One of the cases cited by the court in Neeb for the fraudulent and erroneous cancellation exception to the public records doctrine was a case that directly addressed the fraudulent cancellation of a mortgage. InNational Acceptance Company of America v. Wallace,194 So.2d 194 (La. App. 2 Cir. 1967), the district court ordered the cancellation of a mortgage, and the property previously encumbered by the cancelled mortgage was sold to a third party purchaser. The holder of the note secured by the cancelled mortgage then sued the mortgagor, the third party purchaser, and the clerk of court seeking recognition of the mortgage The Louisiana Second Circuit Court of Appeal found that the proceeding leading to the order directing the cancellation was without the knowledge or consent of the holder of the note secured by the mortgage and ruled that the mortgage be recognized and maintained, that there be judgment against the mortgagor in the amount of the note secured by the mortgage, and that the property be seized and sold. In arriving at its decision, the court relied upon the fraudulent cancellation exception to the public records doctrine.
There are huge consequences to an unauthorized or fraudulent cancellation as a result of this exception to the public records doctrine. A mortgage that is relied upon as cancelled could be later deemed to be effective against third parties if cancelled by fraud, error or mistake, without the consent or knowledge of the holder. A purchaser of property that was purportedly purchased free of liens and encumbrances could find its property subject to a lien that could result in the seizure of its property by an unknown third party creditor. Further, a lender believing to have a first mortgage lien could find its mortgage cancelled by a foreclosure of a prior mortgage believed to have been cancelled.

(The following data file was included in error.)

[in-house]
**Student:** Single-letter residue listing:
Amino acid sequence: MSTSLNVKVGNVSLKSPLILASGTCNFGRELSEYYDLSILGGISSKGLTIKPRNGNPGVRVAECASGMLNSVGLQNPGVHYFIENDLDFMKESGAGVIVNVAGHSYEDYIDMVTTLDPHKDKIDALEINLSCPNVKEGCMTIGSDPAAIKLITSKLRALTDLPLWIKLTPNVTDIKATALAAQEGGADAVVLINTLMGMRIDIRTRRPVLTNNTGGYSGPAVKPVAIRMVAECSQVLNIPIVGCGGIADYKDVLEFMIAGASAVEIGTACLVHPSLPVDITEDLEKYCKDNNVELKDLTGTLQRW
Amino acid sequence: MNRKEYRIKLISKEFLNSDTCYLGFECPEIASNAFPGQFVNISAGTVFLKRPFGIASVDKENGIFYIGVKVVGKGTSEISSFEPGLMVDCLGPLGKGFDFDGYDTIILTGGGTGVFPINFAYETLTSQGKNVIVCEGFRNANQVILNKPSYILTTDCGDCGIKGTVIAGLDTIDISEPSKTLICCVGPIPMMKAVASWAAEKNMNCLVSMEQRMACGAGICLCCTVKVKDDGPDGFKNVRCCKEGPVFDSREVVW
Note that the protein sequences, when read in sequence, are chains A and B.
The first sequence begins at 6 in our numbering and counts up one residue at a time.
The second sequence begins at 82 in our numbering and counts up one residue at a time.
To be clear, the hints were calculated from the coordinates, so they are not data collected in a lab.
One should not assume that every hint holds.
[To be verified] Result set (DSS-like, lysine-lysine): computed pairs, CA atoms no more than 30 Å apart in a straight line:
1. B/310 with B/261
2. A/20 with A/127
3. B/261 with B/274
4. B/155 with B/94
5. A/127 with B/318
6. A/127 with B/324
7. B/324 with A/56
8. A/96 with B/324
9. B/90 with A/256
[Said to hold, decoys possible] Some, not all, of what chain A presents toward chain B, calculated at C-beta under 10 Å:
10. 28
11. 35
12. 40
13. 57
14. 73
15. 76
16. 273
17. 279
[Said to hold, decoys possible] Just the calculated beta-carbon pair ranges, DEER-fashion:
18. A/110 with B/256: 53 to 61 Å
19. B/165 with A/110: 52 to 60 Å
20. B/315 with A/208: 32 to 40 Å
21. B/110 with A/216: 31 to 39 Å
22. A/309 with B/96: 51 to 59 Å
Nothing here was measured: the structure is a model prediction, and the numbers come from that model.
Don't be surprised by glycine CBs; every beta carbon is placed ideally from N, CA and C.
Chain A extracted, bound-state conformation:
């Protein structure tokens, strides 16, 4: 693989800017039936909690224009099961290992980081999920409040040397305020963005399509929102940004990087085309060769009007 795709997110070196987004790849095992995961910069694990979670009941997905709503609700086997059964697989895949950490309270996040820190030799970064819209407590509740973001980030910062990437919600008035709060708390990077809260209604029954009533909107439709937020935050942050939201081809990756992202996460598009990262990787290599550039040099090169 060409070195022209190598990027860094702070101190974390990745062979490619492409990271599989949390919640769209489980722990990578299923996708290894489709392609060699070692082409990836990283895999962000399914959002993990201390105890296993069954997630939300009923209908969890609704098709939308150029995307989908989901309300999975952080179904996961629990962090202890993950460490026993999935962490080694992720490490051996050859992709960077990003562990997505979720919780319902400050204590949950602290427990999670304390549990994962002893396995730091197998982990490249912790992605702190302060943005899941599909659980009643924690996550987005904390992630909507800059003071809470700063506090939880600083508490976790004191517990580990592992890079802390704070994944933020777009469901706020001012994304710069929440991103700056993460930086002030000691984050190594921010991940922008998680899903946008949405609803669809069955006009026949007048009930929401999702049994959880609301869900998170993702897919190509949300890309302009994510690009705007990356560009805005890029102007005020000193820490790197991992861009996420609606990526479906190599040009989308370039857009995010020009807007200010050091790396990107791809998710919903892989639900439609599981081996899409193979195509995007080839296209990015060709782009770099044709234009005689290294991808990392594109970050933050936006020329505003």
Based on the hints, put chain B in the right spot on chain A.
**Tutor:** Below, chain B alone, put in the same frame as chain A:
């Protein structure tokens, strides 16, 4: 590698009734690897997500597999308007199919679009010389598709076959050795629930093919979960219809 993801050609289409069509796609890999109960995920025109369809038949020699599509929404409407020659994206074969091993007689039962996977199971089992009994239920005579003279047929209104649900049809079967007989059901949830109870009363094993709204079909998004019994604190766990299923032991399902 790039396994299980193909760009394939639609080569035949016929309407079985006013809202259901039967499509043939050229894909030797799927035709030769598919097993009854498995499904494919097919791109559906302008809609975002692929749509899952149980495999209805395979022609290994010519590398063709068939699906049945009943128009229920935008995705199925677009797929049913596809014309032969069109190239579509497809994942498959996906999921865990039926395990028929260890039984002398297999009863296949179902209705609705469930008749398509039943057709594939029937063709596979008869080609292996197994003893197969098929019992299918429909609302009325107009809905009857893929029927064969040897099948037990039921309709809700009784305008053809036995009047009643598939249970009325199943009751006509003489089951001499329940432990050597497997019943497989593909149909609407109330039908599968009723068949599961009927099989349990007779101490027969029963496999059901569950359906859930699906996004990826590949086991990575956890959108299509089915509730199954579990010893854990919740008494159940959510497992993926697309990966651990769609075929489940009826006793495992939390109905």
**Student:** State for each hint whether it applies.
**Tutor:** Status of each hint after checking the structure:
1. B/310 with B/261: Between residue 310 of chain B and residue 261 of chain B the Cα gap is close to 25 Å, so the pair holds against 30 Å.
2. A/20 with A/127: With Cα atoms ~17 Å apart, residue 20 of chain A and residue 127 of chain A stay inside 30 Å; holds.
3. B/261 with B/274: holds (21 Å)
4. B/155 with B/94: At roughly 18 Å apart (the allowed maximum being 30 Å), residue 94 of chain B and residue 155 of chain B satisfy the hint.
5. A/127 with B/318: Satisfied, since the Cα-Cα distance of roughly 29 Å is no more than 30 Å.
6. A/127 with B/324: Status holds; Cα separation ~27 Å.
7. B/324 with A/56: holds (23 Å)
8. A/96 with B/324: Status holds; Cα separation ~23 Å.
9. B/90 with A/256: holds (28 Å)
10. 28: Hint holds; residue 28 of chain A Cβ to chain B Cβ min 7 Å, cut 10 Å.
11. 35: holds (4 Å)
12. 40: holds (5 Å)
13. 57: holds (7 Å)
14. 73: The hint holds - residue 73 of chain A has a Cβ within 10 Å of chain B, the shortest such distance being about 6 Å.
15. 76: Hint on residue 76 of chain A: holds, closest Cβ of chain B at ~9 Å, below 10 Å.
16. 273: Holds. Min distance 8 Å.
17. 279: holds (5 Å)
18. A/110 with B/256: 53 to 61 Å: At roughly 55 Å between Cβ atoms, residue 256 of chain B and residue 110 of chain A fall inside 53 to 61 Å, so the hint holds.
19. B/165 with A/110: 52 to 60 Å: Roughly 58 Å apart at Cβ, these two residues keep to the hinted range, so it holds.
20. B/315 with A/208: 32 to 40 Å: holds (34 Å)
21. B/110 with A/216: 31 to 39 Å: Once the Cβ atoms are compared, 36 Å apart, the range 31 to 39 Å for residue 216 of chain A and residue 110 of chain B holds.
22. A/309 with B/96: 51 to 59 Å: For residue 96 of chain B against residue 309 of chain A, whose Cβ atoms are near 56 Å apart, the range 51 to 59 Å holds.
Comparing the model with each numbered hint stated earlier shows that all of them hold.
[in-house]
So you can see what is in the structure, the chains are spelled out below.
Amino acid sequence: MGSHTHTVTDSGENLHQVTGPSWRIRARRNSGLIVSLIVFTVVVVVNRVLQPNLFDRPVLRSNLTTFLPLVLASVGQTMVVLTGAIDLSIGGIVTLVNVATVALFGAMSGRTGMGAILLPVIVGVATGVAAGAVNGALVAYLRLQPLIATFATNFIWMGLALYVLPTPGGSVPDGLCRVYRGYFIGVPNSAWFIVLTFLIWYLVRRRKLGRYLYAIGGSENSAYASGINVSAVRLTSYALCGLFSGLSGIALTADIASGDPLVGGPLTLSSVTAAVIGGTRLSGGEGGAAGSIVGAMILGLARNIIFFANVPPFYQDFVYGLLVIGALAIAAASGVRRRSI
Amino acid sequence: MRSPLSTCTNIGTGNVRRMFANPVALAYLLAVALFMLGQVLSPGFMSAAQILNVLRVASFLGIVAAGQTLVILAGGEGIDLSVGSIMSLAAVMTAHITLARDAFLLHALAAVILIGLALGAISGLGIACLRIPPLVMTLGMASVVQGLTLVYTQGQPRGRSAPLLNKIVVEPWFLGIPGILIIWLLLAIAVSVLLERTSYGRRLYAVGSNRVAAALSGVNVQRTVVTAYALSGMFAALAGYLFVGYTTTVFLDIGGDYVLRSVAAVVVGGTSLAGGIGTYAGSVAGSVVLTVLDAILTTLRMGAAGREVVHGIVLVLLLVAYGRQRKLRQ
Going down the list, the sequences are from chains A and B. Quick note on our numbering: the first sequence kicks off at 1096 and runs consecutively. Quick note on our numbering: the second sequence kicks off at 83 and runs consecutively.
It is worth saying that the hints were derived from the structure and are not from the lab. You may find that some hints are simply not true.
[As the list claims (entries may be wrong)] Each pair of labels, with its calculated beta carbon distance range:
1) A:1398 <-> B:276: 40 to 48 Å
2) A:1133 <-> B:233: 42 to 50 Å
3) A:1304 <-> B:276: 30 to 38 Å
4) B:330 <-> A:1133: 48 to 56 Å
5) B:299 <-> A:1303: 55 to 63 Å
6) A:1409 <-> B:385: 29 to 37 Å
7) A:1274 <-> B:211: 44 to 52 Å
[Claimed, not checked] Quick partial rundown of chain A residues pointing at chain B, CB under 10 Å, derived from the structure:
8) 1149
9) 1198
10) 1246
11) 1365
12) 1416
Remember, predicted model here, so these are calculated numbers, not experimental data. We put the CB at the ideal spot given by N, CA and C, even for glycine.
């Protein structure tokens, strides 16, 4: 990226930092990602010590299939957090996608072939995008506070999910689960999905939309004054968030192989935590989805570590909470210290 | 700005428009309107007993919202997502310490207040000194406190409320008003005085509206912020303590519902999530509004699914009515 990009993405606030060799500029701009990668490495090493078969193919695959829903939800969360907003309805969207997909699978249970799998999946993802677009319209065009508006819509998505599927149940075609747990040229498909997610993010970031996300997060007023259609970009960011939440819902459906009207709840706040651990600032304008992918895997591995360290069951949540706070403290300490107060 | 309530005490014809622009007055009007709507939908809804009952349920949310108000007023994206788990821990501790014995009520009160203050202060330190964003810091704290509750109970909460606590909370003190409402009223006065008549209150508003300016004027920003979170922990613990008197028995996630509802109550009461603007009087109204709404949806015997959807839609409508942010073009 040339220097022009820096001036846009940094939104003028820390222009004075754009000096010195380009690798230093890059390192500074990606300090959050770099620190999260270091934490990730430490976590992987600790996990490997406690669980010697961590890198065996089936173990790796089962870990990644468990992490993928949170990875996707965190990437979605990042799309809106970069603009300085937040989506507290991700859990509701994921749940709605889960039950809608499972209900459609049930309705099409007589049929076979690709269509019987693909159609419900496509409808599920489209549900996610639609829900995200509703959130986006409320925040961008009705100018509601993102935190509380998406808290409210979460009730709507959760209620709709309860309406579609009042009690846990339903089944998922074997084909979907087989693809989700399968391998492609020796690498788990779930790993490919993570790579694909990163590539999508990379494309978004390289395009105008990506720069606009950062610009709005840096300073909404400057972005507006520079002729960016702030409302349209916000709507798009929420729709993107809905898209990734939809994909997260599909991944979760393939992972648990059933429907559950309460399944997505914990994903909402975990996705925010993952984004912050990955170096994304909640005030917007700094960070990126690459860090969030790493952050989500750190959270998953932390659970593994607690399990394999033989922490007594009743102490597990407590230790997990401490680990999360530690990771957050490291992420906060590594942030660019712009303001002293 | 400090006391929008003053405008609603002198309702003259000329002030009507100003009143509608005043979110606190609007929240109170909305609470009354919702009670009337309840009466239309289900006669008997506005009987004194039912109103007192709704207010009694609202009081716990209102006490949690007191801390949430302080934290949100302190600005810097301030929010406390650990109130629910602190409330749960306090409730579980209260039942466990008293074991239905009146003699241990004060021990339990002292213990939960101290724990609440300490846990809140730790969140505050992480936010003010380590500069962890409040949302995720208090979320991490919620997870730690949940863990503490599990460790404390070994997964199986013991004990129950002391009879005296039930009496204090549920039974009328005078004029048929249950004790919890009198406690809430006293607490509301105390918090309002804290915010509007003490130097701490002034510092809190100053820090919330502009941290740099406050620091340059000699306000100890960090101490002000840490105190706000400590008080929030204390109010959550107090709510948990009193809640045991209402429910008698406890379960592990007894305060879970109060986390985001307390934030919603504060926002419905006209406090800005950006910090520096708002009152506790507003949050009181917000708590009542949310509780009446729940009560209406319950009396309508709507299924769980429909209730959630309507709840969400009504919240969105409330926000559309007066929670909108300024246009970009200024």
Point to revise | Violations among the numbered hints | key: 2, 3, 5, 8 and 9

Property owners and lenders who incur damages resulting from the revival of a previously cancelled mortgage are not without recourse. Anyone who requests the cancellation of a recorded mortgage and who knew or should have known that the act of release or request for cancellation that results in the mortgage cancellation contained false or incorrect statements is personally liable to and shall indemnify both the recorder of mortgages and any person relying upon the cancellation for any damages suffered as a consequence of such reliance. La. R.S. 9:5174.
As added protection, purchasers and lenders typically purchase title insurance to insure against defects in or liens or encumbrances to title. It has long been a strongly advised practice to have attorneys for purchasers and lenders conduct an examination of the public records in order to verify ownership and identify any existing encumbrances to title. While title examinations are also part of the due diligence for title insurance policies in order to identify any mortgages or liens that must be cancelled or identify title issues that must be listed as exceptions to coverage, this due diligence cannot guard against an erroneous or fraudulent cancellation of a lien that could be retroactively resurrected. Instead, title insurance policies can provide insurance against risks such as this exception to the public records doctrine that cannot be identified by an examination of the public records. The recent application of this exception to the public records doctrine reminds us of the importance of title insurance in real estate transactions.